I’ve found it conducive, this post-postmodern medium, to a very pre-modern discourse: the essay. Lyric essay, in my case: part cant, part chant, part chatter. Pliny wrote like this (only better, of course). Some Greeks before him. Montaigne sometime after. Jane Austen in her letters. But I have a feeling Facebook has improved me and made me a better essayist; blogging has tidied my prose; it’s tautened my sentences and loosened them, all at once. Quite possibly it helps that my prose works out in poetry’s gym; it helps that I’ve been writing all this time out of my life and out, as it were, of my mind — about ideas and practices and pursuits that I’m not turning to for the first time in front of you. But the intimacy (of voice and thought) a reader wants with a writer, and a writer must conjure with a reader — the kind of thing that fires a good conversation — is much more easily imagined and enacted on a keyboard when it’s a blog that I’m writing.
I have no doubt — and it would be just as true if I really were talking — I’ve bored some readers and exasperated others; but I know that some of you have had a good time. Either way, my guess is the writing found you, if it did, and provoked or persuade you, because it spoke. And it seems to me that electronic platforms like this will serve best writers who know they need to open their mouths, not just their minds, when they write.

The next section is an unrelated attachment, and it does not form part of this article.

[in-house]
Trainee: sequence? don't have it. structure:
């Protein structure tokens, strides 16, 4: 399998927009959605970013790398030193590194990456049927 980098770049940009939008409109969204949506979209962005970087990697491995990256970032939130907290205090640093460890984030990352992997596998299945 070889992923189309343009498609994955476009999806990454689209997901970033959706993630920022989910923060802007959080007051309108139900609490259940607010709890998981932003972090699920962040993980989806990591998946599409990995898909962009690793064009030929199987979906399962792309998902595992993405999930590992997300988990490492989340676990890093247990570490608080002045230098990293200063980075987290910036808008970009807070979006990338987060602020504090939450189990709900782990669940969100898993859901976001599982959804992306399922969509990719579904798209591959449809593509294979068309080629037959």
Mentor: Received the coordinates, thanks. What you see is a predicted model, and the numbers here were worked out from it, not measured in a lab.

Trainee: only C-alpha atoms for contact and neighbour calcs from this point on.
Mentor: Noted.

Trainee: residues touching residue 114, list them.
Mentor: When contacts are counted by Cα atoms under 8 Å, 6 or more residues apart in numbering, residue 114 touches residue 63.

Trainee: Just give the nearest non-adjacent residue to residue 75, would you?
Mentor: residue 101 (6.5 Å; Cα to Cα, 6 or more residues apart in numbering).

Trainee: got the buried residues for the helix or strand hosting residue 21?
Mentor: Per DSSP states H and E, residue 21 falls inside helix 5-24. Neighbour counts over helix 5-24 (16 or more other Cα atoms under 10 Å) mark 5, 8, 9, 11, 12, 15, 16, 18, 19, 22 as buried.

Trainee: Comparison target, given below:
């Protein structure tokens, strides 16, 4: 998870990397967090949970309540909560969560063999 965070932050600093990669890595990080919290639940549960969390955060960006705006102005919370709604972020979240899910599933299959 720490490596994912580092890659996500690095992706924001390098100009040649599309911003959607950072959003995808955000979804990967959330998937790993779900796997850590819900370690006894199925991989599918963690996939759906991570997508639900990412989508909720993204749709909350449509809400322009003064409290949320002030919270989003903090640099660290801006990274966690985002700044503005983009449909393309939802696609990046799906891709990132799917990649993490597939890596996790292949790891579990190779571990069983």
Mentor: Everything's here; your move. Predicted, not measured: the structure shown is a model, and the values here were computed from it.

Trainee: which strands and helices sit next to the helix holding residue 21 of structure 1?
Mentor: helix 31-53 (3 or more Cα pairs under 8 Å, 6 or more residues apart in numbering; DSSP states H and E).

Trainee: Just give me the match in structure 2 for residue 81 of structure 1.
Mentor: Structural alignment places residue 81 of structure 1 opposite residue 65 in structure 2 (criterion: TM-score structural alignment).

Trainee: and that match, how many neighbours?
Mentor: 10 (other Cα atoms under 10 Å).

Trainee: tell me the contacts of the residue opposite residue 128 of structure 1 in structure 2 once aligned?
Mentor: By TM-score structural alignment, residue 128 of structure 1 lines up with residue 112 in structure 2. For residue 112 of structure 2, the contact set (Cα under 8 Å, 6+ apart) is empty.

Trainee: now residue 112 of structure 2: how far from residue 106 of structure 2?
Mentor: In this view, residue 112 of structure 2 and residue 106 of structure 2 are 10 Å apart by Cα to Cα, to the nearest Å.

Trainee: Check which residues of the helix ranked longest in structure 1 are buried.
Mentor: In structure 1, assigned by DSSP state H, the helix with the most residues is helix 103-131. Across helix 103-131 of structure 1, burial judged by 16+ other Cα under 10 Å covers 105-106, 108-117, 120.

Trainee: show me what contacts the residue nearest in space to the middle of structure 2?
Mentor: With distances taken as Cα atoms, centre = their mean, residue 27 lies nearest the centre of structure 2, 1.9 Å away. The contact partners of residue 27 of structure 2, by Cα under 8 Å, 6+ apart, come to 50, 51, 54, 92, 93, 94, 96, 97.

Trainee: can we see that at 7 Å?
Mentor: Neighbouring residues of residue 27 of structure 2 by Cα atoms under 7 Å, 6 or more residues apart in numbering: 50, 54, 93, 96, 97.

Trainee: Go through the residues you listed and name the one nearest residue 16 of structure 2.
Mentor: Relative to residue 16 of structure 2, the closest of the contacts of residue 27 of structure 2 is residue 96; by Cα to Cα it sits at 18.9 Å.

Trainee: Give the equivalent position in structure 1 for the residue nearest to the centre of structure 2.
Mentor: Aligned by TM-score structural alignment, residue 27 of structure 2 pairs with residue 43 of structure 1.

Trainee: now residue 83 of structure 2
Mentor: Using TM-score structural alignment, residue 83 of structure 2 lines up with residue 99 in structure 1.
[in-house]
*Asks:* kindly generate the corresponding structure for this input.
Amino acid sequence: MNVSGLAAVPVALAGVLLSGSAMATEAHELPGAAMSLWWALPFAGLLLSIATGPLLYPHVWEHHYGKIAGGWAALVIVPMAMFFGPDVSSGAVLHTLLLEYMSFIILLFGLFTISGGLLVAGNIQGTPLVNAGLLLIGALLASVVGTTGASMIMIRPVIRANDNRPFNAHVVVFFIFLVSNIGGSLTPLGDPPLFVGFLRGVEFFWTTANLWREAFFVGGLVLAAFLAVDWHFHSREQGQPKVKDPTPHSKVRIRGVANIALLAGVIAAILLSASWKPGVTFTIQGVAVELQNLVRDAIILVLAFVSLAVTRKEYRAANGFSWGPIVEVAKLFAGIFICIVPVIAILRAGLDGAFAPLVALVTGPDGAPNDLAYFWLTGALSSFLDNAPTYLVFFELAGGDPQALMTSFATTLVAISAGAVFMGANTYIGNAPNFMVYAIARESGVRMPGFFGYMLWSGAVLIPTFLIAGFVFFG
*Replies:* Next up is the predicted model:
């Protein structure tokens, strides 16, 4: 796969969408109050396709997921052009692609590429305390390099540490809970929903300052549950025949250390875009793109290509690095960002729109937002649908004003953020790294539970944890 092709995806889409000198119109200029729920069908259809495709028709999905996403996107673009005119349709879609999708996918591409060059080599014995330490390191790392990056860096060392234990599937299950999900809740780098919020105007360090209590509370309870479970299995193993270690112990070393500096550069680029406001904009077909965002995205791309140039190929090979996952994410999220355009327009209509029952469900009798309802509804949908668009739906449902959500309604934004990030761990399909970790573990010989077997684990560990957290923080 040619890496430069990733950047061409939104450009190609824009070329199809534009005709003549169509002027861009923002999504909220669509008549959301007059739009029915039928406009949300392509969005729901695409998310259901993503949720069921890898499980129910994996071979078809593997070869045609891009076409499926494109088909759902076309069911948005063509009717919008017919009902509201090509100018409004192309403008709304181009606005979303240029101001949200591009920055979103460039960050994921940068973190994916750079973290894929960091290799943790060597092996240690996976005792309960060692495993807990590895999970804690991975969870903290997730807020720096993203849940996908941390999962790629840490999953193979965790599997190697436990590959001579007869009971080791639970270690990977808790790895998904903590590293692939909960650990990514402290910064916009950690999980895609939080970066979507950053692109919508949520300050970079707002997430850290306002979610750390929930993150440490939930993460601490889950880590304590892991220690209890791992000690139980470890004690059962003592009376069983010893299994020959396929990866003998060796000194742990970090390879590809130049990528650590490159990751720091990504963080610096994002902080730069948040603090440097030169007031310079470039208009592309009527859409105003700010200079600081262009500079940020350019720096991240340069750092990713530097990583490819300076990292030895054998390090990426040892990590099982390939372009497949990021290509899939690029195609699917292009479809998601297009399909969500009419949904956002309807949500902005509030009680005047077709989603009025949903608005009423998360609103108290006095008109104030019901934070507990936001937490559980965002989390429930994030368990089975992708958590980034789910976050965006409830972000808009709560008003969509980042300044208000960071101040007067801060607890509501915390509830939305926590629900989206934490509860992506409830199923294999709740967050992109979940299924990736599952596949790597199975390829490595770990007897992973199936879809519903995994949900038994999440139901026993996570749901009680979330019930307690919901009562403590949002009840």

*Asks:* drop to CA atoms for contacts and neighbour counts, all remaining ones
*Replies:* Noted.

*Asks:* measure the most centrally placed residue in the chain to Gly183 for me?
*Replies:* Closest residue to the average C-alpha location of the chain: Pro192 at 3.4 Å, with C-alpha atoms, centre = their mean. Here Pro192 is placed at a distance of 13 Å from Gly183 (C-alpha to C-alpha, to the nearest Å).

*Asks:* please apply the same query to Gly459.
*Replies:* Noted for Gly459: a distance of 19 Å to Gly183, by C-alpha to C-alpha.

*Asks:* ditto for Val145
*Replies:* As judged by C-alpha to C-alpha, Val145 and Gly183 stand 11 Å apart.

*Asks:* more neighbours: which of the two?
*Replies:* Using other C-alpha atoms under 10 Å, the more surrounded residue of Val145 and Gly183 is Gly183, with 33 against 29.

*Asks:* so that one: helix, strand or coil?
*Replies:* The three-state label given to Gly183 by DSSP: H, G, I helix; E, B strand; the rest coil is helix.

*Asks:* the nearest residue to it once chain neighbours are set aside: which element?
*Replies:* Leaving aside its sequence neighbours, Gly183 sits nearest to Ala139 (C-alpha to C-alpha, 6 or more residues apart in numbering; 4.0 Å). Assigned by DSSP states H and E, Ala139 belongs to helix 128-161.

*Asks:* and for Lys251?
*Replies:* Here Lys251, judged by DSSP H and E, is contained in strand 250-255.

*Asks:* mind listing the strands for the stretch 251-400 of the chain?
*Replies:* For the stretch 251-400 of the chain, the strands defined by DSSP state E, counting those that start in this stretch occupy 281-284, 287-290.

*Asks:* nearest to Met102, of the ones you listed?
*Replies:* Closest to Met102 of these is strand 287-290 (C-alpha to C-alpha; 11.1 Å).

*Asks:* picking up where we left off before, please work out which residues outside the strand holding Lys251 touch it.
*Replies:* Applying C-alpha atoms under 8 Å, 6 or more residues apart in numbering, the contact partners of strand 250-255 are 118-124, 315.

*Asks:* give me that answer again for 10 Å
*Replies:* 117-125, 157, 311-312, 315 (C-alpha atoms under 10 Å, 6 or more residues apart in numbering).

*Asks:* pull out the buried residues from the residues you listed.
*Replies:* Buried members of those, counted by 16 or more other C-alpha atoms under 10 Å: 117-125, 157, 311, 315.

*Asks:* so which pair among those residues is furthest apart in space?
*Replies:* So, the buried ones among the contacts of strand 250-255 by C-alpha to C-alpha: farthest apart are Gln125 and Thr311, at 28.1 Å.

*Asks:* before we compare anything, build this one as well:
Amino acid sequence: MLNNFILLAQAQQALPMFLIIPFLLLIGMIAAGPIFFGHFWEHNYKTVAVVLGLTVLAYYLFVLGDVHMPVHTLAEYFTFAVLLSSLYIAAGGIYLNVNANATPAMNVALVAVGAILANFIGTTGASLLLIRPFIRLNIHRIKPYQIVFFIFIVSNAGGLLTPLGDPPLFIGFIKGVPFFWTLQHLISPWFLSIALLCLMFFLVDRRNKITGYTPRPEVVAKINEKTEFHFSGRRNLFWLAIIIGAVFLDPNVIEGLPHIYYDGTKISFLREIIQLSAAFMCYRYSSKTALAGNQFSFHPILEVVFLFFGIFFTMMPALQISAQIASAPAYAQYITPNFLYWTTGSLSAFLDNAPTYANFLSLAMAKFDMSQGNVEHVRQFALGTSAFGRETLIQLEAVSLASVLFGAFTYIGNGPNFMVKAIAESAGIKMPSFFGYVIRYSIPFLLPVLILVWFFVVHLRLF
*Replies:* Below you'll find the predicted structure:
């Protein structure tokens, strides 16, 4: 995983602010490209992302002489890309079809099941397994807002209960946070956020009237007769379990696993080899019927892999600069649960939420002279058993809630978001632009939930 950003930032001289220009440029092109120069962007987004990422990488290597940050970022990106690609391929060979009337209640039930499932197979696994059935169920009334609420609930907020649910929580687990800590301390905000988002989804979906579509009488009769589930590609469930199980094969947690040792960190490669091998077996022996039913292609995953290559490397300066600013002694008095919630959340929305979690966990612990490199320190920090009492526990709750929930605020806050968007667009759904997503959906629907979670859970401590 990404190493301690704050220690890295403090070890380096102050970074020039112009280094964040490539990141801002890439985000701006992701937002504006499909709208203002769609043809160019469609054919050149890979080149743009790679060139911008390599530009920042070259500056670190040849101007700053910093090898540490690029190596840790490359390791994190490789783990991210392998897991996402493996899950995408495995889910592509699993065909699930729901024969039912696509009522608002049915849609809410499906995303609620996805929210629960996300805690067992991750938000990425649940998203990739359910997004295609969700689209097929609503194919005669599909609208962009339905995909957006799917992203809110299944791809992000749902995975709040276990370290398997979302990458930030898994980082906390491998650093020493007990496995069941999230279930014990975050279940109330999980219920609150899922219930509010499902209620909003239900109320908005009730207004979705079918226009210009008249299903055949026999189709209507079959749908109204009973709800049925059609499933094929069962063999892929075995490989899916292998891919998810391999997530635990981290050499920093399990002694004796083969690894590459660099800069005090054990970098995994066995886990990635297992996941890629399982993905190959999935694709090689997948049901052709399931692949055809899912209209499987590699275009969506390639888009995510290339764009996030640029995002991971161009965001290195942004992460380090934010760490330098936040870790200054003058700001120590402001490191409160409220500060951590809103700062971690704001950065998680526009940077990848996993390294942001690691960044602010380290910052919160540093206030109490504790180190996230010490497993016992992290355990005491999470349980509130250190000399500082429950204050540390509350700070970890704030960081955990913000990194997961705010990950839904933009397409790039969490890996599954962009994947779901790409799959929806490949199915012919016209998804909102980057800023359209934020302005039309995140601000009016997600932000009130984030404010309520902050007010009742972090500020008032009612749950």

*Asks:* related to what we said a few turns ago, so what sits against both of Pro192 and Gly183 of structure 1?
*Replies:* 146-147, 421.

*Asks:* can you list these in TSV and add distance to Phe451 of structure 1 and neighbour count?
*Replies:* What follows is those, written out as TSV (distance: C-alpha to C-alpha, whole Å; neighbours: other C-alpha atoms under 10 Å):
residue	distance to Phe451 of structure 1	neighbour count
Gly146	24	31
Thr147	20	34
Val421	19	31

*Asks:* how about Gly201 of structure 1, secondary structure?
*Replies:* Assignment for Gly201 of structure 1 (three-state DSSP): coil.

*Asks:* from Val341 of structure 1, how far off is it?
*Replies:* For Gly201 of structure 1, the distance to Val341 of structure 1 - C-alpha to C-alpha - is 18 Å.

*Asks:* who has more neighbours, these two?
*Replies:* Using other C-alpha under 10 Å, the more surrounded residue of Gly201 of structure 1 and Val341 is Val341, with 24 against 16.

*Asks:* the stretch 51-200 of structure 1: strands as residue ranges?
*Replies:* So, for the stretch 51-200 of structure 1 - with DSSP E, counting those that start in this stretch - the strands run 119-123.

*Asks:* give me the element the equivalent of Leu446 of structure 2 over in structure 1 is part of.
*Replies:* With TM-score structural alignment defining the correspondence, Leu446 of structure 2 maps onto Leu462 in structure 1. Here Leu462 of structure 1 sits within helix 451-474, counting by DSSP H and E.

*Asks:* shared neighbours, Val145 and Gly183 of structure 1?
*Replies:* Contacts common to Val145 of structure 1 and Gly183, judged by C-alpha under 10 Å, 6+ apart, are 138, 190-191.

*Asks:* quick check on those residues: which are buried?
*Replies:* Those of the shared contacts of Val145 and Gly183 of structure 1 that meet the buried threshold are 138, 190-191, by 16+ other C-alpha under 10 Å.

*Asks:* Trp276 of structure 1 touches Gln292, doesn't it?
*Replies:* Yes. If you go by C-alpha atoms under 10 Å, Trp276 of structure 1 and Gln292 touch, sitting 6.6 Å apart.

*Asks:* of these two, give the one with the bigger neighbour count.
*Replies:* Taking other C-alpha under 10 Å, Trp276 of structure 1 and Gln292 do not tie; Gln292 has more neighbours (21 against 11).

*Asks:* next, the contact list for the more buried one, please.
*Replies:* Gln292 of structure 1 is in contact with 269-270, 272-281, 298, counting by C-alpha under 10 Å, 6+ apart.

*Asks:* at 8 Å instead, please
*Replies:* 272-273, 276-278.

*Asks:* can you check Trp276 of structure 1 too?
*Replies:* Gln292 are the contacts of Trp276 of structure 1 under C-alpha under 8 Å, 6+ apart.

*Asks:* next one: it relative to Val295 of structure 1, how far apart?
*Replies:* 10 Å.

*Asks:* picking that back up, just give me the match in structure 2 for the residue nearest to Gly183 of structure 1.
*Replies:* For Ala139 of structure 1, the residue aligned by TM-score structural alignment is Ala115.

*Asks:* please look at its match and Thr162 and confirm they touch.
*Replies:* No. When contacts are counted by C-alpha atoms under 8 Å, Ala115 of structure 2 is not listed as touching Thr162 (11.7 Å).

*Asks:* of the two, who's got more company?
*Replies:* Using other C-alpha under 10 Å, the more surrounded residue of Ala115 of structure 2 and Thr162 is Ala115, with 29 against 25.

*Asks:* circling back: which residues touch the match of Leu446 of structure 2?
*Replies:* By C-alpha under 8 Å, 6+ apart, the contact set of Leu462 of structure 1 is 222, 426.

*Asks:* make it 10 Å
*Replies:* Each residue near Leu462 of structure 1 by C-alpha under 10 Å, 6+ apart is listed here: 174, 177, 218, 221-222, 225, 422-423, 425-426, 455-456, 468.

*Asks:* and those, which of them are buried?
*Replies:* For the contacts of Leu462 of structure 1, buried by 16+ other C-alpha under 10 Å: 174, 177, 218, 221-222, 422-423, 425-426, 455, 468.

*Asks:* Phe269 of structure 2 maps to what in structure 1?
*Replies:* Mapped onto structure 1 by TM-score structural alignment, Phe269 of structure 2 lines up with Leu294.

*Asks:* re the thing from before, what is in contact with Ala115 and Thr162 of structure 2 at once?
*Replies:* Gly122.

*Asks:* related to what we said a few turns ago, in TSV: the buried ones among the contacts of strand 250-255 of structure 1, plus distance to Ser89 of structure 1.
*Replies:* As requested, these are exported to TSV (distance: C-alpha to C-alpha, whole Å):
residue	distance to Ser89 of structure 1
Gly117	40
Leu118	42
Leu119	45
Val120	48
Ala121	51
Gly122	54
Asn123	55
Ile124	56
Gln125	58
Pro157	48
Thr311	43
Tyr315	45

But thank you for listening, at least some of the time. These posts, because I toured there earlier this year, have gone feral in Wales. I want to thank Carly and Charlotte and all the Cellar Bards for liking these thinly disguised, if somewhat disheveled, poems. If ever there were a place on earth that understood how much voice counts in literature, and how much of a voice is its music, that place is southwest Wales. I know the posts have travelled New South Wales, too (Newcastle, the Harbour Bridge, Newtown, Annandale…); and Victoria, town and country; Adelaide and the Adelaide Hills; Perth and Margaret River. I (or we) have heard from readers in Toronto and Macau, Vancouver and Vancouver Island and Eugene and Portland and Ubud and Mexico. For, of course, this most local of writing forms (me and you’re here and now) is also the most global; though it lets me feel like I’m talking right now at night with you, it carries my voice at light speed everywhere else at the same time.